Nation-Work: How Tea Became Japanese with Dr. Kristin Surak

Join us for an evening of learning about the relationship between tea and Japanese culture.

Why did an activity as mundane as tea preparation become one of the potent symbols of Japan? Drawing on her award-winning book Making Tea, Making Japan: Cultural Nationalism in Practice, Kristin Surak will explore the relationship between culture and nation in tea practices past and present. The discussion will examine the tension-filled transformation of the tea ceremony from an aesthetic pleasure of elite men to a hobby of housewives as it came to embrace not merely the privileged few, but the nation as a whole. It will also probe the ways that tea practitioners today make use of the association between tea and Japanese culture. Taken as a whole, the tea ceremony provides insight into one of the fundamental processes of modernity: the work of making nations.

About the Speaker:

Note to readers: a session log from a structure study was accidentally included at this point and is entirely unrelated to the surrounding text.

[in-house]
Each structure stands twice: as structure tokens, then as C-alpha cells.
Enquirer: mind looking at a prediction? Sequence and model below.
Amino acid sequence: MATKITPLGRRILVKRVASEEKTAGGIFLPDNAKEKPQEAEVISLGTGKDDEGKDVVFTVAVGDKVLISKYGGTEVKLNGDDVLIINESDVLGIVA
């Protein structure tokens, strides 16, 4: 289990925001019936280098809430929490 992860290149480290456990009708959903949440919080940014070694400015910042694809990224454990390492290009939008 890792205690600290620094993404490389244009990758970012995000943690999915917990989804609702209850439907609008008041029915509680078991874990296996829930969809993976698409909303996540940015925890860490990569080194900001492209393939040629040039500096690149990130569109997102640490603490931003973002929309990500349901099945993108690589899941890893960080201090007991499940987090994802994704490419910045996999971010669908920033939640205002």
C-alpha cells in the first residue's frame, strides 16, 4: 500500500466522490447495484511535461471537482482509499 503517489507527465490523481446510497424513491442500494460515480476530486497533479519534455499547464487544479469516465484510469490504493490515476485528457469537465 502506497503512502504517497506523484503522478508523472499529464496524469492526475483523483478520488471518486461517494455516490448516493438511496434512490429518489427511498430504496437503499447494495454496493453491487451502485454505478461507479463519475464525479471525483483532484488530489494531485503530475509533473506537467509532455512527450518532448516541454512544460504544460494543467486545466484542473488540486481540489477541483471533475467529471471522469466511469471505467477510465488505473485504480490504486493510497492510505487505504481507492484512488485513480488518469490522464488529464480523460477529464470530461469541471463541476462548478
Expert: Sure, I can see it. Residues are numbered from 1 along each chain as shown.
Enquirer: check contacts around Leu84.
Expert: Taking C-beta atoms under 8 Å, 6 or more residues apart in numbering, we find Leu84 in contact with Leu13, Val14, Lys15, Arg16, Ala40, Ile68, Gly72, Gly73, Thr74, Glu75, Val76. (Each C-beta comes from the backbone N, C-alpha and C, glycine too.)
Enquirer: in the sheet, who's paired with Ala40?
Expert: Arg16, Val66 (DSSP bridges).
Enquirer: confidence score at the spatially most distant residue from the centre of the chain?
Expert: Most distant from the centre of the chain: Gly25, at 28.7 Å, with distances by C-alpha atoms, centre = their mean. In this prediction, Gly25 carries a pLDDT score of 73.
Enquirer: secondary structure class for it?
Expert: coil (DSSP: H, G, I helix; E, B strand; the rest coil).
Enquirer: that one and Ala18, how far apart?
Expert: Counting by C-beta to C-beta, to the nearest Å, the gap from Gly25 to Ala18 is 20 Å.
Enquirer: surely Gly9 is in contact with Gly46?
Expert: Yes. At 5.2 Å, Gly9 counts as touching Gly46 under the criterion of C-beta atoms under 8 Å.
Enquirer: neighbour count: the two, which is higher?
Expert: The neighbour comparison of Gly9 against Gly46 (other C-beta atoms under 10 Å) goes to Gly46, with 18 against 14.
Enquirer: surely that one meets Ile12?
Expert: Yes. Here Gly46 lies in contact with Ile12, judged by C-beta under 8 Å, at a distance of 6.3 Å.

Kristin Surak is an Associate Professor in Japanese Politics at SOAS, University of London and a Fung Global Fellow at Princeton University. Her research on international migration, nationalism, and political sociology has appeared in leading academic and intellectual journals and has been translated into a half-dozen languages. She also publishes in popular outlets, including the London Review of BooksNew Left Review, and the Washington Post.  Her monograph, Making Tea, Making Japan: Cultural Nationalism in Practice was named the Book of the Year by the American Sociological Association’s Asia Section. The American Academy of Political and Social Science has recognized her scholarship, which has been funded by the German Science Foundation, Japan Foundation, Fulbright-Hays Foundation, and Leverhulme Foundation, among others. She has been an invited fellow at the Institute for Advanced Study, Princeton; Clare Hall, Cambridge University; and the European University Institute.  She comments regularly for the BBC, Deutsche Welle, Channel News Asia TV, and Sky TV News. Her current research investigates the origins and spread of investment migration programs and the global interdependencies that have advanced them.

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